The film’s Dan Gallagher never wrestles with his role in the events that transpire – not the affair, not the stalking, not the violence. He is faultless, seemingly. A man wronged by a scorned woman. Alex, meanwhile, is at the top of the scale of unhingedness. Dan believes that “it was understood.” Dan was cool, and Alex just wasn’t with the programme. Close plays Alex as a brittle creature, hiding her mess underneath a chic exterior, with her monochromatic apartment, tight modern clothing. Before Dan, Alex glided through a party, the room bending around her. All that gets undone after her one-weekend-stand with Dan, who’s got a perfect matching set of wife-daughter-dog-and-bunny at home, yet feels entitled to step out because his wife is out of town for a weekend. Truly, what is a man supposed to do when he is not entertained for a day?
Alex was extreme, and audiences convinced themselves that she deserved extreme punishment. Very little fanfare is made, though, about the scene where Dan physically attacks Alex, violently choking her. Or the one where he breaks into her apartment. Or the one where he freaks her out by pretending to have a heart attack. Or when he demands her to have an abortion with an uneasy casualness. Dan does a lot of shitty things, but somehow the movie is convinced he’s the hero.
Alex’s hurt, visceral and virulent, is ignored by Dan and invisible to the audience. The film’s most famous line, delivered with lunatic intensity by Close, is “I won’t be ignored, Dan.” As the film progresses, Alex’s power leather coats are replaced with loose white shirts and dresses, reminiscent of the trapped women of Salpêtrière. Alex loses herself in this hurt. As her obsession deepens, her life disappears from view. No more job, friends, or pleasure. Just Dan. She calls him incessantly, leaving long-winded messages on his answering machine, calling him over and over. “This is what you’ve reduced me to,” she says into the silence, “Don’t I make sense?” she asks over and over again.
The Fatal Attraction reboot is the latest attempt in a reframing of the narrative around ‘crazy women.’ A new genre has started appearing over the past few years, that of the maligned women of recent history. Podcasts like You’re Wrong About have dived deep into our ogling treatment of women in the public eye, cataloguing their public perception and media lynching, from Tonya Harding to Lorena Bobbitt. A slew of documentaries, like Framing Britney Spears (2021) or Pamela, A Love Story (2022), have prioritised the perspective of the maligned women in question. Glossy, awards-bait films like I, Tonya (2017), The Eyes of Tammy Faye (2022) engage movie stars to bring pathos to women deformed by pop culture infamy, while TV shows like American Crime Story: Impeachment (2021), have taken a close, sympathetic approach to publicly shamed characters.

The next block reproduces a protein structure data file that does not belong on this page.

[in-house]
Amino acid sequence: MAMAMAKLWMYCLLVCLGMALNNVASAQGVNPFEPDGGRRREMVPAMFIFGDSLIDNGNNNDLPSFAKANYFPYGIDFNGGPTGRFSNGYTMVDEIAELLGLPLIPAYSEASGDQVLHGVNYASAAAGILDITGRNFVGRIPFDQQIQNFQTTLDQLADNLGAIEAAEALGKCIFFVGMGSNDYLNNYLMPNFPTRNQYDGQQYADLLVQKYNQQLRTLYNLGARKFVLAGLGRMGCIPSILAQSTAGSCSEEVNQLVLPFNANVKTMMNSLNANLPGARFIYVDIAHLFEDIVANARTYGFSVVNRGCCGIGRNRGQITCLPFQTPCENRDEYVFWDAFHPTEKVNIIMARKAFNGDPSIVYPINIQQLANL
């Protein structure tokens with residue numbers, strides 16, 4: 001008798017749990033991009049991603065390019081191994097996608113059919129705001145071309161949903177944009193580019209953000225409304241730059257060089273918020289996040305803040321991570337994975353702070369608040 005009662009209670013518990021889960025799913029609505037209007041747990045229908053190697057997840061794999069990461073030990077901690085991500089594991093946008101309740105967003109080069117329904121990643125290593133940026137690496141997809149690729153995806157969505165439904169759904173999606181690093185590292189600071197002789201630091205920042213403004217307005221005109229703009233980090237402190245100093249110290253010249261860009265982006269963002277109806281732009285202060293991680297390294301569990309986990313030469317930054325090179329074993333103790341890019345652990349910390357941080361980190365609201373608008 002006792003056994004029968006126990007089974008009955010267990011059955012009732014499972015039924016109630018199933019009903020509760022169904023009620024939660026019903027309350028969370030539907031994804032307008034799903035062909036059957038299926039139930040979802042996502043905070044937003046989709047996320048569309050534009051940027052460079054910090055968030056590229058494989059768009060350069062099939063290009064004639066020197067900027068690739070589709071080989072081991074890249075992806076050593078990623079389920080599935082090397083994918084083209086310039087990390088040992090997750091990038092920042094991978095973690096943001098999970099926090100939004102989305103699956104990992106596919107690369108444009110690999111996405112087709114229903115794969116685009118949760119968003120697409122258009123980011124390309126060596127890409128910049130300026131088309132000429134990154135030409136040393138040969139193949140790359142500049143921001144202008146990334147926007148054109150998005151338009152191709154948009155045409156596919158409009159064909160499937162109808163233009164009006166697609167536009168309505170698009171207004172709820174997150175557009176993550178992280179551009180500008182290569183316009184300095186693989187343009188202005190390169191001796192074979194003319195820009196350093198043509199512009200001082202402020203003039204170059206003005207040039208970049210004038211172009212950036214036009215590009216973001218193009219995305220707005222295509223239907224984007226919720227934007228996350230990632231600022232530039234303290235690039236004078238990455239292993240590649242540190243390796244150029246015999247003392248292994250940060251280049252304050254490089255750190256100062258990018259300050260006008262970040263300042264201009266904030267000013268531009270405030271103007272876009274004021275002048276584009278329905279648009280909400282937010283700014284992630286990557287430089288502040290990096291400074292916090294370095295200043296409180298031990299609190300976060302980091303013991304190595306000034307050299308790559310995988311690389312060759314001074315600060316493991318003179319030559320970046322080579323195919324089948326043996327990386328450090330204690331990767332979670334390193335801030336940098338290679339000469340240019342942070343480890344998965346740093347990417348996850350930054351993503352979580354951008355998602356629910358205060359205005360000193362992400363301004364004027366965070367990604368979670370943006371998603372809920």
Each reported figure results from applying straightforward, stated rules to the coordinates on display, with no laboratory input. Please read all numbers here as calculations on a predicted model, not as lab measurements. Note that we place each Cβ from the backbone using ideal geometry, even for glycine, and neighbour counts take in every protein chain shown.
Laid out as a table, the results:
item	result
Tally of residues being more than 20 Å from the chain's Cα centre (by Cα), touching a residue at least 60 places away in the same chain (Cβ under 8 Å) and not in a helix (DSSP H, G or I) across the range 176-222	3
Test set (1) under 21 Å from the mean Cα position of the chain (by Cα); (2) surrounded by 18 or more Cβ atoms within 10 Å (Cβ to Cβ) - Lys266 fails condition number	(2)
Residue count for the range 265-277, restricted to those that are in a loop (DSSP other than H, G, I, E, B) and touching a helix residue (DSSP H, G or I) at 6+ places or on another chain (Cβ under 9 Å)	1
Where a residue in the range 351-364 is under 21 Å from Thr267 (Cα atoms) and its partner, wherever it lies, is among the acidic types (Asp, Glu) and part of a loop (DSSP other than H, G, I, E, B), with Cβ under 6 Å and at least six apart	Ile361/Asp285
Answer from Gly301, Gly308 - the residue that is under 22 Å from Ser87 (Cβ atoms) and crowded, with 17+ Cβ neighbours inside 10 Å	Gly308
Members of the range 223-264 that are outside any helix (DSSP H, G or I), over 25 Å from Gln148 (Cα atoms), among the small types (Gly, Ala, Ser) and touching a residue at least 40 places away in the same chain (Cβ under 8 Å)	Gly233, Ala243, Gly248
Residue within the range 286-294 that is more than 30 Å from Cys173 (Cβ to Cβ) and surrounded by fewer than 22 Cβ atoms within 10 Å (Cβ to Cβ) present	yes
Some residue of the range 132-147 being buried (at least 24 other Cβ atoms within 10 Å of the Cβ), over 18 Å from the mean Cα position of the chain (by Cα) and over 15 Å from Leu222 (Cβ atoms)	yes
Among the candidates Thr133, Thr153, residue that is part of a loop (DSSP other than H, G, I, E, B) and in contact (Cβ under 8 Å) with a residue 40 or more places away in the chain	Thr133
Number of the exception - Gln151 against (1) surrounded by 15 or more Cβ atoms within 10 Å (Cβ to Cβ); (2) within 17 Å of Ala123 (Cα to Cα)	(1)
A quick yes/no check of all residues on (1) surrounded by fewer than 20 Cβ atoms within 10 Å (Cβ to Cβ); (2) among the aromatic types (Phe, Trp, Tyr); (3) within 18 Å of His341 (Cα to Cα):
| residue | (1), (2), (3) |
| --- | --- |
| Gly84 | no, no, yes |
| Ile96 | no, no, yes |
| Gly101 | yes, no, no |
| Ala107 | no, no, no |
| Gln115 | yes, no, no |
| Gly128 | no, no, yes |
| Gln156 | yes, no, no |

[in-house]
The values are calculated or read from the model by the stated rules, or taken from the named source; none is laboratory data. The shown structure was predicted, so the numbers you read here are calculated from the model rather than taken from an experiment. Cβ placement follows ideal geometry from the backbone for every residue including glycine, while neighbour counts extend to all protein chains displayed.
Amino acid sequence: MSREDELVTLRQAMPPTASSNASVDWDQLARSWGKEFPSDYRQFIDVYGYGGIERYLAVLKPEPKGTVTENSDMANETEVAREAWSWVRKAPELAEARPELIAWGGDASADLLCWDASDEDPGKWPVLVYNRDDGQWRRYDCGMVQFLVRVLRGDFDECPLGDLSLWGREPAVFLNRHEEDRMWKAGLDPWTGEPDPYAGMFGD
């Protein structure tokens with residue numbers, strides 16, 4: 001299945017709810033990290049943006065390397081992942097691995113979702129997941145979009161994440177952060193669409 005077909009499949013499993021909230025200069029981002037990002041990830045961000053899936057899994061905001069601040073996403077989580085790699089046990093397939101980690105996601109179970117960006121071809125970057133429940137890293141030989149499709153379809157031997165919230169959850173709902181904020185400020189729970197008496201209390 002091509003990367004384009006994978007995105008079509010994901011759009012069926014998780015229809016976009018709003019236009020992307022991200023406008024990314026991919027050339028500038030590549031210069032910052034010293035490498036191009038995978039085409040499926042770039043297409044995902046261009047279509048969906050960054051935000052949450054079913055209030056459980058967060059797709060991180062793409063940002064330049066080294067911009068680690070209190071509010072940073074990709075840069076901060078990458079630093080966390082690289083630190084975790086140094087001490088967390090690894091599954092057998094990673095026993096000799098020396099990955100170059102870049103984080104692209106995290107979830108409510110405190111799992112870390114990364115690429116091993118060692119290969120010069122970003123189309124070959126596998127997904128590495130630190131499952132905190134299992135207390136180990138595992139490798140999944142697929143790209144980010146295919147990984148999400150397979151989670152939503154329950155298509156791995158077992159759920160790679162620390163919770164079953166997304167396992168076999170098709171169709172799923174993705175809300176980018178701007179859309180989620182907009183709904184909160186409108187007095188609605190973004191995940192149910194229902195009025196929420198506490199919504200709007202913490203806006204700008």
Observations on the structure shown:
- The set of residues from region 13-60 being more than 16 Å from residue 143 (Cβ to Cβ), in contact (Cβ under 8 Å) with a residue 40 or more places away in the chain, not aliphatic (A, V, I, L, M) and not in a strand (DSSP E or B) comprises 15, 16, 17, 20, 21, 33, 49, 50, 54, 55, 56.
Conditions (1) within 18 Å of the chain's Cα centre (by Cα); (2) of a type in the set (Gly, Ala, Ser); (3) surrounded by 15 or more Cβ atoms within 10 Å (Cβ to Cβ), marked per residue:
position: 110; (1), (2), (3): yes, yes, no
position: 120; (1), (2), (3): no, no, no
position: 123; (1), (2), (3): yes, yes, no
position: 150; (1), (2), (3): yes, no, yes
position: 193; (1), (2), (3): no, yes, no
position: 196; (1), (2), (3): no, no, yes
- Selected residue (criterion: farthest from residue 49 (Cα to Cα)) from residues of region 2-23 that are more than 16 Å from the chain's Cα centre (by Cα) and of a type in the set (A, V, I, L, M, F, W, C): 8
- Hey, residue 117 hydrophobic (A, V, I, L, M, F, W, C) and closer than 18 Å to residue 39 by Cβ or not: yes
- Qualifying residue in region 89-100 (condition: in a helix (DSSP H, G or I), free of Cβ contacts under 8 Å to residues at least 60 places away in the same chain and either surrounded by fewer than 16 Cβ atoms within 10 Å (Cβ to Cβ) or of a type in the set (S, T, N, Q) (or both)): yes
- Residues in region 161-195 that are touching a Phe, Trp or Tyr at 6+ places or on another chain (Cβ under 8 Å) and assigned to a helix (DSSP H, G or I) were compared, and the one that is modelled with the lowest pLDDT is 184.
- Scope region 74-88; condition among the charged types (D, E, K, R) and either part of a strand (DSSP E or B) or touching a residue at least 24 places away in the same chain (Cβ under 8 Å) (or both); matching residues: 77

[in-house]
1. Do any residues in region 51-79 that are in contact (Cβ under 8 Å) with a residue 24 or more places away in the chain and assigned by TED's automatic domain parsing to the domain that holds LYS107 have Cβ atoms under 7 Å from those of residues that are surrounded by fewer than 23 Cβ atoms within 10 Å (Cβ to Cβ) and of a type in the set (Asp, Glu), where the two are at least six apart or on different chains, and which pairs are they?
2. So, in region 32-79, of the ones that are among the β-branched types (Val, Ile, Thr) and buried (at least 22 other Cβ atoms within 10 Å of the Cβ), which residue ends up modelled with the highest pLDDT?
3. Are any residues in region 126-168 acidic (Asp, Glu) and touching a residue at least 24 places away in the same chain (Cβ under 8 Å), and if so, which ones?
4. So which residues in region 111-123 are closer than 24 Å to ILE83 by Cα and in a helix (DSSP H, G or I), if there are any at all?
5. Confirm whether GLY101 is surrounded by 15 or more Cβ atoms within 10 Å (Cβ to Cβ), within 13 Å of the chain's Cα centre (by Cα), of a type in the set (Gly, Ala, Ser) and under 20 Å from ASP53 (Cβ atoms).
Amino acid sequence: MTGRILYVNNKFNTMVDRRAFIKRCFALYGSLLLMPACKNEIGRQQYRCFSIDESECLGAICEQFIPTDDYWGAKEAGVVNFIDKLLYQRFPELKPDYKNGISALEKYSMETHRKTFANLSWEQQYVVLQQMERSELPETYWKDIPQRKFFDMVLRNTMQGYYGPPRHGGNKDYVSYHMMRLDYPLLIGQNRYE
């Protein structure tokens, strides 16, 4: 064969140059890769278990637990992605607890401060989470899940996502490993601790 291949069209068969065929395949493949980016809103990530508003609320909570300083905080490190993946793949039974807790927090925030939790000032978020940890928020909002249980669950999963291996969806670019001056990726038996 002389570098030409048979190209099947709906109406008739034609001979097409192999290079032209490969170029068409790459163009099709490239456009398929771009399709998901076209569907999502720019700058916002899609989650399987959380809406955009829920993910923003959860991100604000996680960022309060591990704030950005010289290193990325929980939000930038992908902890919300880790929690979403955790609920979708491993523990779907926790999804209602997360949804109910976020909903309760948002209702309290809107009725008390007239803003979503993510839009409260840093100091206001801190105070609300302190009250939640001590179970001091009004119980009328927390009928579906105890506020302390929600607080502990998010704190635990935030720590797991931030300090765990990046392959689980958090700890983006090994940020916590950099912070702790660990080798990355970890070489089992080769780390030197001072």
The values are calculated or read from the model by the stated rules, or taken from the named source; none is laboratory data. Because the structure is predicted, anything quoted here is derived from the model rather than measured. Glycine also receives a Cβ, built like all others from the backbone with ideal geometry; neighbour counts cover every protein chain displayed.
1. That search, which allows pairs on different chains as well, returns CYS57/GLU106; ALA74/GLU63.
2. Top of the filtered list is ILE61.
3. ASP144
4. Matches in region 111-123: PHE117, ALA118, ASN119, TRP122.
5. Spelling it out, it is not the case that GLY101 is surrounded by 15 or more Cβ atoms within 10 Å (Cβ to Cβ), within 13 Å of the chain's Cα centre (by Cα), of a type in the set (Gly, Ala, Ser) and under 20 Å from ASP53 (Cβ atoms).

Part of the rise of this genre is the evolution of our understanding and language around mental health issues in a more empathetic direction. We no longer tolerate casual abuse storylines as “just the way it is.” Our ongoing cultural reckoning with art monsters has us questioning our relationship with problematic art as well as problematic artists. The setting is perfect for an updated, more generous retelling of a character who epitomised villainy for a full decade, and who we only saw through the cracks of a film dripping in misogyny and double standards.
Alas, no. Fatal Attraction the show introduces Alex on the ‘crazy but in a hot way’ end of the spectrum. She is portrayed as a mysterious, alluring new presence in the office, appearing seemingly out of nowhere just at the right time, making fuck-me eyes at Dan over a corporate buffet. She’s wearing a leather jacket, so you know she’s bad news. The New York Times, in their recent profile of Caplan, describes Alex as “a single career woman with some very bad boundaries.” The latter part of the series spends a lot more time on the evolution of Alex’s troubles – her ongoing, codependent relationship with her father, her heartbreaking need to be liked, her sad manipulations – and how she gradually lets herself descend into a delusion concerning her relationship with Dan. There is a crucial change: Alex is afraid of him. After Dan breaks into her apartment and attacks her, she’s ready to leave. Jumping between two timelines – before and after Alex’s murder – we spend the majority of the series with Dan Gallagher, seeing him grow from an entitled 40-year-old to an entitled 55-year-old, determined to prove that he did not, in fact, kill Alex Forrest. Either way, Alex is dead, and Dan is out of prison. He gets a redemption arc, but she’s dead in both 1987 and 2023.
Fatal Attraction, and Alex Forrest, have gone down in pop culture history as a warning sign for straight men. Close has spoken about how people have approached her over the years, thanking her for saving their marriage. Whenever I watch it, though, all I see is a portrait of a woman cracking open.